What's Happening

ML.Net brings Machine Learning to .Net

Machine Learning has primarily been the domain of Python, and for good reason, due to Python’s ability to manipulate and reshape data. Microsoft is attempting to bring similar capabilities to C# and F# with ML.Net

ML.Net v0.1.0 was mentioned in the keynote of Build this year giving a hint to the importance of this framework in the long term. The framework is currently on v0.6.0 as Microsoft works towards creating an ML framework with all of the basic features required to see general usage. The following chart shows the capabilities available at release:

In subsequent versions, Microsoft has added some great features. Here are some of the highlights:

  • Clustering support adds an unsupervised task that groups items into sets based on features.
  • Cross Model Validation tests how a model statistically performs.
  • CollectionDataSource adds the ability to use a collection of objects as input to the Learning Pipeline instead of a file.
  • Support for the ONNX-ML format to enable sharing of models across toolkits.
  • LightGBM adds the capability of doing binary classification, multiclass classification, and regression.
  • Ensemble learners enable multiple learners in one model allowing models to be chained together.
  • Latent Dirichlet Allocation transforms to infer topical structure of text data.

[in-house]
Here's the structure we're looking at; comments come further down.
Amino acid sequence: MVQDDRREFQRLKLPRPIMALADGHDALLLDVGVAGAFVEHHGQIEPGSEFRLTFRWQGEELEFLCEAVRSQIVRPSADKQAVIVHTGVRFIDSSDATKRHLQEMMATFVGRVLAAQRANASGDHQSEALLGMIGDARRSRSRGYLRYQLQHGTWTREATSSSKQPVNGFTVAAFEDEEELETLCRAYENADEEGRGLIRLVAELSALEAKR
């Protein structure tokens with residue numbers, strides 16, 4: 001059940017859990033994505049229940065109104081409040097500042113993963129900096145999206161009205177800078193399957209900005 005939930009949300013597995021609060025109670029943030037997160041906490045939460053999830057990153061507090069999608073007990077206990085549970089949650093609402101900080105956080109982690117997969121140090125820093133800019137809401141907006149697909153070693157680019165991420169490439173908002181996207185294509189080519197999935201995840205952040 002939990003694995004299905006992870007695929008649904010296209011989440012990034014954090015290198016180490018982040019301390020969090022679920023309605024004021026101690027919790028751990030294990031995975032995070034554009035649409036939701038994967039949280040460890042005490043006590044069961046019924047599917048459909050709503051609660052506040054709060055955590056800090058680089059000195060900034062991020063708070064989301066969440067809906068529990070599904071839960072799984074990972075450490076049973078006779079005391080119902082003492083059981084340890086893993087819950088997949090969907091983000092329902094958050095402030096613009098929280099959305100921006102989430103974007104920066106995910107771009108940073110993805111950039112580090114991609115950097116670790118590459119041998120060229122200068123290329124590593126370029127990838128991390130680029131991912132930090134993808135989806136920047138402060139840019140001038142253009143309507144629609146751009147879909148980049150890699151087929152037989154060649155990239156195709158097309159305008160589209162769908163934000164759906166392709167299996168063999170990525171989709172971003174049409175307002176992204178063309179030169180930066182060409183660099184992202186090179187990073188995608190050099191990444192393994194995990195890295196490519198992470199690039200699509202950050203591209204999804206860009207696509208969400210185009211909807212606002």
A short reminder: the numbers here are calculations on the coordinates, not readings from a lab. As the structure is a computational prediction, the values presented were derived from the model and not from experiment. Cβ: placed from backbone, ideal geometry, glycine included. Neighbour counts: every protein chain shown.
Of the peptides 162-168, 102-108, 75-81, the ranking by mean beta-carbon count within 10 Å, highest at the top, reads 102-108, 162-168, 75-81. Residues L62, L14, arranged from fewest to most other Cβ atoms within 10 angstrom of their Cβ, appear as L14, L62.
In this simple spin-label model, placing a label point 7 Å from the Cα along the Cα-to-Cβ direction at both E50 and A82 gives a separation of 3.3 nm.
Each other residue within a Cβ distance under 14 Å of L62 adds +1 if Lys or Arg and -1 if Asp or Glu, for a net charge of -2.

• Word Embedding transforms to capture the meaning of text in numeric vectors.
  • Import of Tensorflow models to ML.Net
  • Strongly Typed ML.Net API deprecating the Learning Pipeline
  • Azure Functions support

Microsoft has made great strides building out this machine learning framework and I’m guessing (no insider knowledge) that a v1.0 release will be announced at Build 2019. There are just a few features that I need before I can start to use it for day to day work. Better GPU support is the biggest missing feature, once work gets serious the horsepower of a GPU is the only way to build models in reasonable time constraints. Currently, the process to get GPU working requires many manual steps and manually matched versions. DNN (Deep Neural Network) support is critical allowing this library to be a competitor with Keras. Finally, support for Tensorboard or some other similar visualization tool is needed. This is Tensorflow’s secret sauce, saving tons of time and allowing developers to get an intuitive feel for their models and to understand the impact of changes.

The Roadmap for ML.Net looks very promising having most of these features planning in the short and long term. For now, I’ll continue working with CNTK and Keras in Python, but I look forward to this framework maturing enough to allow my stack to be CNTK and ML.Net in C#!

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